Boos officially welcome Amare to NYC

NEW YORK -- Amare Stoudemire's New York Knicks were down 18 in the fourth quarter, minutes away from their fifth straight loss, when the boos started to rain down on the Garden floor.

Suddenly, Stoudemire was in the midst of his first real "Welcome to New York" moment.

And he didn't like it.

"It's definitely something that I'm not accustomed to. It's not fun," Stoudemire said after the Knicks lost, 104-96, to a Houston Rockets team that came into town with just two wins. "We're a young team and we make mistakes but we can't keep doing the exact same thing every night. We just gotta find a way to grow up."

Stoudemire, who finished with 25 points and eight rebounds, bemoaned his teammates' lack of urgency and lack of "heart" as they were outscored, 14-4, in the first 6:39 of the fourth.

But Stoudemire also could have and should have pointed the finger at himself.

He came out hot against Houston with 16 points on 7-of-11 shooting in the first half.

He seemed to be trying to make amends for the Knicks' disastrous road loss to the Minnesota Timberwolves on Friday night when they blew a 21-point third-quarter lead and let Kevin Love go for 31 points and 31 rebounds.

Stoudemire took sole responsibility for the misery in Minnesota on Friday.

But on Sunday night, after he shot 3-for-8 in the second half and scored just three points in the fourth quarter, Stoudemire questioned the mental makeup of his young Knicks teammates.

"I don't understand why we're not playing with the urgency. I'm not used to that," the Knicks' $100 million man said. "We're not playing like we're on a four-game losing streak, now five. We don't have that sense of urgency. It's almost as if it doesn't matter and it's not something I'm used to."

He had to know there would be growing pains with this team when it failed to sign another marquee free-agent this summer. But it seemed like he didn't know the pains would be this severe so early in the season.

"We just can't have guys complacent and comfortable with losing," Stoudemire, said with a look of pure frustration on his face. "I can't stand that. It's more attitude. It's more heart. We have to show more heart and go after it."

The Knicks took a 71-70 lead on Raymond Felton's 3-pointer with 5:15 to go in the third. And that's when the trouble started. They went just two-for-10 to end the quarter -- with both shots coming from the offensively-challenged Timofey Mozgov -- and found themselves down nine to a Houston team without Yao Ming or point guard Aaron Brooks entering the fourth.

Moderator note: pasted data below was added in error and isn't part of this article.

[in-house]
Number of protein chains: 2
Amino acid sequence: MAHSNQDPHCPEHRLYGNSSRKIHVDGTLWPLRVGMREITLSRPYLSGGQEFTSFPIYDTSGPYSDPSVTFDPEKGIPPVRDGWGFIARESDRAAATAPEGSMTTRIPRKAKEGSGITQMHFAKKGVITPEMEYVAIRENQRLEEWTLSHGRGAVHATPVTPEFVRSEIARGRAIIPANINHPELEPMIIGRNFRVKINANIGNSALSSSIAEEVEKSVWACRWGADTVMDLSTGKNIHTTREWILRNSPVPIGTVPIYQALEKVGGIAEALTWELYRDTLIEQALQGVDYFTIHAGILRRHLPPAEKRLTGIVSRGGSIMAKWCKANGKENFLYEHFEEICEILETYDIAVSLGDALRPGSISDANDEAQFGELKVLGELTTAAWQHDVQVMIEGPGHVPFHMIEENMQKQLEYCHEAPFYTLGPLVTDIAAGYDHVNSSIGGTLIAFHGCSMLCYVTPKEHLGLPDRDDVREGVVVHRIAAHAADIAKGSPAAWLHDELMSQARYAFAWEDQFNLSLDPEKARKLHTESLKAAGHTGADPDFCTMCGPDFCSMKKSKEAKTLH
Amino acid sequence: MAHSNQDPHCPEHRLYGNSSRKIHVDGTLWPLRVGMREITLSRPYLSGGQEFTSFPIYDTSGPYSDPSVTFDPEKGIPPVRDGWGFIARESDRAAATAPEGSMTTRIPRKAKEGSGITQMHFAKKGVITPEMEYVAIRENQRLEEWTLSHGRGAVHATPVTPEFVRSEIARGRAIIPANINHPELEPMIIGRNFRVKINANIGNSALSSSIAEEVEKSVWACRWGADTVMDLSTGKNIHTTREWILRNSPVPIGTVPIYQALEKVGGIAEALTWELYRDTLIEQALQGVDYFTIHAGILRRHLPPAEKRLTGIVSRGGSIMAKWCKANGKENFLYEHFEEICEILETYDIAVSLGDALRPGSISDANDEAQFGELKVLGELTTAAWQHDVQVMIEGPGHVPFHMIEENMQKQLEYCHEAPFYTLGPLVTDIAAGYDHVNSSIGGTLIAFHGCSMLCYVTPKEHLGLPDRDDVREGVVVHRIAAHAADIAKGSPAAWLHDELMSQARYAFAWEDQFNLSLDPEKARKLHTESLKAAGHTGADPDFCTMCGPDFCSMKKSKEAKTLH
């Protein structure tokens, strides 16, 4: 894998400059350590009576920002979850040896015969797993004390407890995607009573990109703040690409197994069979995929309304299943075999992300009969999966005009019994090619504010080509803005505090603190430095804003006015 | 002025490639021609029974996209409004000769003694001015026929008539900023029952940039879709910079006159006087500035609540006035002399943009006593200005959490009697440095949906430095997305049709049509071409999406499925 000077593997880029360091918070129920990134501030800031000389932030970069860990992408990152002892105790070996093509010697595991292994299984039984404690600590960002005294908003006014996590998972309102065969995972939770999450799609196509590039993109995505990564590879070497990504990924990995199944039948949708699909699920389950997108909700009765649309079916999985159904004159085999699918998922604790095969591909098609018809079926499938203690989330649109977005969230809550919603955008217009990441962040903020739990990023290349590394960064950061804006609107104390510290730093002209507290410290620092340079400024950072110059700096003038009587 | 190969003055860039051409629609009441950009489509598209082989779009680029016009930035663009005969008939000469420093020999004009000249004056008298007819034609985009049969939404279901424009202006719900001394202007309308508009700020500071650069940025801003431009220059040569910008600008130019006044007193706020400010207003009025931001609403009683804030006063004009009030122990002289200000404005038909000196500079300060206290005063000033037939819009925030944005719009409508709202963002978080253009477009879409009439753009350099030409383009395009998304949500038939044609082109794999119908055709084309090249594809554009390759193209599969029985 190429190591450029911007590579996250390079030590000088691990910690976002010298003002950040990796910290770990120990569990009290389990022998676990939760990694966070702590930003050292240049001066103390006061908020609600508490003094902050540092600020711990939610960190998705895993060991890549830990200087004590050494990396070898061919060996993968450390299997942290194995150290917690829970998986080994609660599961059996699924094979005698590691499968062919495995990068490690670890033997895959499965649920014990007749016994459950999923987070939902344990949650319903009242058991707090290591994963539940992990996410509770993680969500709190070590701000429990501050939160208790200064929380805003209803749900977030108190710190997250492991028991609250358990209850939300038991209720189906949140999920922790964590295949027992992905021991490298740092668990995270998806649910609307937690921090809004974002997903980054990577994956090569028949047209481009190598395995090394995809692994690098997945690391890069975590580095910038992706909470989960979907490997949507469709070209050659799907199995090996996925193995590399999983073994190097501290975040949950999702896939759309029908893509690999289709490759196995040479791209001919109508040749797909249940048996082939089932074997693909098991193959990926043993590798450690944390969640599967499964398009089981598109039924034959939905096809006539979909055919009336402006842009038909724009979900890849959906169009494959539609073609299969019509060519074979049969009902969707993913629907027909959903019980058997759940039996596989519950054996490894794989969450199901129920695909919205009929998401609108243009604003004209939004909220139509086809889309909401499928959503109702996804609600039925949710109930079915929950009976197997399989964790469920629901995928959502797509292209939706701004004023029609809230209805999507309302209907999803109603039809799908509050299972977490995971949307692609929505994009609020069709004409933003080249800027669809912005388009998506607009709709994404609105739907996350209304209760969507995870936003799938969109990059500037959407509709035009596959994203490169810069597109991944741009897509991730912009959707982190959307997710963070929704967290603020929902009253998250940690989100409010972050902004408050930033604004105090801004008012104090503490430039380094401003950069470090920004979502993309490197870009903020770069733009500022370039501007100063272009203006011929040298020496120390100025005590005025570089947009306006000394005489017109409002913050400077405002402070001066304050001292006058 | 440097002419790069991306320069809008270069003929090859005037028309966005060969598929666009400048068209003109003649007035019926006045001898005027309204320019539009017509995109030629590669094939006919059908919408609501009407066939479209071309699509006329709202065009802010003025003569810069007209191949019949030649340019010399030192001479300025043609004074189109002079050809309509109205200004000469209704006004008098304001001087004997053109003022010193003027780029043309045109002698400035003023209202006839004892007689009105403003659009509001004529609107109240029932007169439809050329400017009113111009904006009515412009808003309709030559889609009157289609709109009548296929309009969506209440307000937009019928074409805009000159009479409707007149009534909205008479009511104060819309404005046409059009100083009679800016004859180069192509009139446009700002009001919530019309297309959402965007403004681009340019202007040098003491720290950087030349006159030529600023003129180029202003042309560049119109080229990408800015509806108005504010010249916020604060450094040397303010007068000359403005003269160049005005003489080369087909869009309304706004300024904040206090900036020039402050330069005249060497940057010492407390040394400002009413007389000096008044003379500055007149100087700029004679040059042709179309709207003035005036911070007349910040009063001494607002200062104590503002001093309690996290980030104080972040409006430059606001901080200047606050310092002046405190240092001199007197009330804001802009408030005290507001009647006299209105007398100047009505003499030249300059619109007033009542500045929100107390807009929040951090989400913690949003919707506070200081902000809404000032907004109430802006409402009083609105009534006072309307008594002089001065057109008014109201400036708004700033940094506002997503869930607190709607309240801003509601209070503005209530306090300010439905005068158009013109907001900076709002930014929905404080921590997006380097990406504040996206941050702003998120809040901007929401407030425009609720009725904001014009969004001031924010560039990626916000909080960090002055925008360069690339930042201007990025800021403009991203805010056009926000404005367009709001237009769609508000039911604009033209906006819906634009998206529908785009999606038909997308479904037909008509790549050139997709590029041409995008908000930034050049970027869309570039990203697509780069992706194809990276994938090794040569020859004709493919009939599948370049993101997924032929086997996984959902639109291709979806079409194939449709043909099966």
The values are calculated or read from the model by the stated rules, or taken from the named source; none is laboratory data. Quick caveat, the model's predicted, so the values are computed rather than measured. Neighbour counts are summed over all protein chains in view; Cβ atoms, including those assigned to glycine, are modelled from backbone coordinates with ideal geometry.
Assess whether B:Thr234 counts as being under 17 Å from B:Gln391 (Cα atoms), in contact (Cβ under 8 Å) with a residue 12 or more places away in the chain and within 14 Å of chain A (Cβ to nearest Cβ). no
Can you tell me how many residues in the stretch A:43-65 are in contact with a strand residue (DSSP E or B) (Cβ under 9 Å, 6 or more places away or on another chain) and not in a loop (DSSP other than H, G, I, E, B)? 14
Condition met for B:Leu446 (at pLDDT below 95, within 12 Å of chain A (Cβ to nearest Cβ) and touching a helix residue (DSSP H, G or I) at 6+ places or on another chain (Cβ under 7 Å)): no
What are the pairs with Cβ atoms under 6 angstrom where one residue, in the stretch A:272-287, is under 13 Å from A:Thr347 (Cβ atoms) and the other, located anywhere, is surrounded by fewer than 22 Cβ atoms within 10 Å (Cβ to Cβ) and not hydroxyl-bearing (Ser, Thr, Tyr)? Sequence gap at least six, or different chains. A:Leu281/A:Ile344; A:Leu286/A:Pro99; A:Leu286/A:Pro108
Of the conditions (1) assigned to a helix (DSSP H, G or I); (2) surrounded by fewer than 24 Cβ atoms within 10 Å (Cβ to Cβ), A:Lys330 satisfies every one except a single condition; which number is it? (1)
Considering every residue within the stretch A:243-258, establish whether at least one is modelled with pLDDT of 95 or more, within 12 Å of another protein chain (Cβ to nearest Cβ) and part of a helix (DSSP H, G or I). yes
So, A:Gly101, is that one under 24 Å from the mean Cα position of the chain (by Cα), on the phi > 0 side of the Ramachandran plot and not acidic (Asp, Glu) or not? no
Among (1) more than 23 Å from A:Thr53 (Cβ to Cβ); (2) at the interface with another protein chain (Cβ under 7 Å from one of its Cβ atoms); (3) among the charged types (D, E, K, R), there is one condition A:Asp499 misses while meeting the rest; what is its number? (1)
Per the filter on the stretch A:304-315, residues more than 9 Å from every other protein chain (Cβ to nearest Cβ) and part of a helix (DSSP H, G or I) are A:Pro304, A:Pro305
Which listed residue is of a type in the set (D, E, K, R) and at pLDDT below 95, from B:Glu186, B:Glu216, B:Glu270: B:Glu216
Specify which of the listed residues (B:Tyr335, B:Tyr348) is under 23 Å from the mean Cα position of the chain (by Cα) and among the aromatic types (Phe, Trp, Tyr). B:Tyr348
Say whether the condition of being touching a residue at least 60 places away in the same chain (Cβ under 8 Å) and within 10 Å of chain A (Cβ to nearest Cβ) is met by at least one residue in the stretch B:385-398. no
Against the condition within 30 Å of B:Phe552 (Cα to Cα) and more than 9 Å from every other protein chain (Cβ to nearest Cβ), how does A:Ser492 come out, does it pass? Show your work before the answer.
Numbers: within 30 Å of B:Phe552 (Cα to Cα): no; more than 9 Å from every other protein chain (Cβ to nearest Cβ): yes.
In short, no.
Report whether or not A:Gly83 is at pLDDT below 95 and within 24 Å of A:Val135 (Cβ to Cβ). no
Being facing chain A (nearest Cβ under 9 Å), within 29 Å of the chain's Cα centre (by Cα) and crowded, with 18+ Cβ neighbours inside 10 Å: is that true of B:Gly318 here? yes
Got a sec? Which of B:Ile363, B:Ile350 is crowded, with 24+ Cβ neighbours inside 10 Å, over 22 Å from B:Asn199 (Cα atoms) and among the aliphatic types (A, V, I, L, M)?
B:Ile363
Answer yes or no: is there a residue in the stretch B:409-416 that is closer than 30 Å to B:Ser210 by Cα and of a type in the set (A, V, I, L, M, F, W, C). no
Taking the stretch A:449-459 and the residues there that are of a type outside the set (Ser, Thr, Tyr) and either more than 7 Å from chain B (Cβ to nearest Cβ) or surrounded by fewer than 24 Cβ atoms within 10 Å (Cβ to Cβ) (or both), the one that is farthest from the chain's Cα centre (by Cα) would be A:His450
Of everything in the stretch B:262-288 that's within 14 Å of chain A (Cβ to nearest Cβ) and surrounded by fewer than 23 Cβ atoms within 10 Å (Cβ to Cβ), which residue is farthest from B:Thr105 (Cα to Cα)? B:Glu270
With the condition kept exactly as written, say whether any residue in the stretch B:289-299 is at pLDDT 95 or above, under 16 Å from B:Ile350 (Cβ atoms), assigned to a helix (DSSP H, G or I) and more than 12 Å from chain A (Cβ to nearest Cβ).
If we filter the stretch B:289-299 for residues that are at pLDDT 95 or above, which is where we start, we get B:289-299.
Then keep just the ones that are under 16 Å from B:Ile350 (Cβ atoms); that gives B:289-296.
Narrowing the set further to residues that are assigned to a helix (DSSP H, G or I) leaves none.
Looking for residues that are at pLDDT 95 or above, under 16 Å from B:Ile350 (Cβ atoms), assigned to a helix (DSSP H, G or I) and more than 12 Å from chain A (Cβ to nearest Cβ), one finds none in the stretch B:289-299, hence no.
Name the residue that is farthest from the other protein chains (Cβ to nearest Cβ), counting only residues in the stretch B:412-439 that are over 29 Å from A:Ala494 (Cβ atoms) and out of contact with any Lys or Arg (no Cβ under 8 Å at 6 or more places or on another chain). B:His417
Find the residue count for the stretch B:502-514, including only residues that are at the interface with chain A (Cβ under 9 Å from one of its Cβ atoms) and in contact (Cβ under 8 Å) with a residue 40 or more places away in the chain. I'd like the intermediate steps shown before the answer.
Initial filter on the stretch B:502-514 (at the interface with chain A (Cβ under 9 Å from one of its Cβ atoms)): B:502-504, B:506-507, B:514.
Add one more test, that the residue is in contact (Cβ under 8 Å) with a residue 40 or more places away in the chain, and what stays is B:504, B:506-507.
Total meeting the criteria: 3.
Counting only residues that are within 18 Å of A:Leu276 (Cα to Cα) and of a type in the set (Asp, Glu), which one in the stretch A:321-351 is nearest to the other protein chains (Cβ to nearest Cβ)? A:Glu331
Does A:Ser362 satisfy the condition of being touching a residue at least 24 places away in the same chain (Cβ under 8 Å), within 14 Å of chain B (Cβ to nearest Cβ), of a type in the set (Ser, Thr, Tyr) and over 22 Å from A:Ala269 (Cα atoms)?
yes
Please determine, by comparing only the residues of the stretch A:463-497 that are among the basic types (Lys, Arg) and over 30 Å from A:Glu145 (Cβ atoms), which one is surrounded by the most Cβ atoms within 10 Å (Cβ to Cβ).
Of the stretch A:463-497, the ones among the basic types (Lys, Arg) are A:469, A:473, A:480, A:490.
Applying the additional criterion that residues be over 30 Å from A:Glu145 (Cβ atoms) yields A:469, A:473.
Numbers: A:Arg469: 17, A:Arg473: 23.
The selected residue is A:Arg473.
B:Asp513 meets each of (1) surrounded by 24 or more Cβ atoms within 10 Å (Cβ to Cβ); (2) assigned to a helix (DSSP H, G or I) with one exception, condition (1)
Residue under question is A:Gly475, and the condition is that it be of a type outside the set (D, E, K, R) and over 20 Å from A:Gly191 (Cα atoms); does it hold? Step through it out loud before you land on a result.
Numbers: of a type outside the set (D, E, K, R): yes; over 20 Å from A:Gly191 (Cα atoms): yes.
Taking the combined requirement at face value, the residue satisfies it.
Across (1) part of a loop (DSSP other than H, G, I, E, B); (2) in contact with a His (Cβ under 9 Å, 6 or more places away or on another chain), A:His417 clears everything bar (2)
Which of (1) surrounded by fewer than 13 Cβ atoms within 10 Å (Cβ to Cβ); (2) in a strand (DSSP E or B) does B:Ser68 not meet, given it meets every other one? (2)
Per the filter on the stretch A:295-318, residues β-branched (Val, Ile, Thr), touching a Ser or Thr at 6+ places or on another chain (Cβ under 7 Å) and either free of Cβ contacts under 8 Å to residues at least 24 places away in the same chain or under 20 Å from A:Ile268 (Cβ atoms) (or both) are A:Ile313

Included in that disastrous 2-for-10 stretch to close the third were three misses from behind the arc, where the Knicks finished just 3-for-16 overall.

"That's definitely a problem," Mike D'Antoni said.

A bigger problem for Stoudemire was his team's lack of grit in the fourth quarter.

"We're still not having that sense of urgency to dig for loose balls, get down on the floor. We're not showing that we really want it," he said.

"Maybe the winning mentality has never been here," he continued. "I'm used to winning."

Winning is something the Knicks aren't familiar with.

With a four-game West Coast swing starting Tuesday, they're in danger of being irrelevant before Thanksgiving, something Knicks fans have grown accustomed to over the past decade.

But it's not something Stoudemire's accustomed to. He enjoyed two 60-win seasons and three trips to the Western Conference finals with Steve Nash and the Phoenix Suns.

So the Knicks' 3-7 start is a shock to his system.

"It's a foreign land for me right now," he said.

By the looks of things on Sunday night, it's something Stoudemire should get used to.

Ian Begley is a regular contributor to ESPNNewYork.com.

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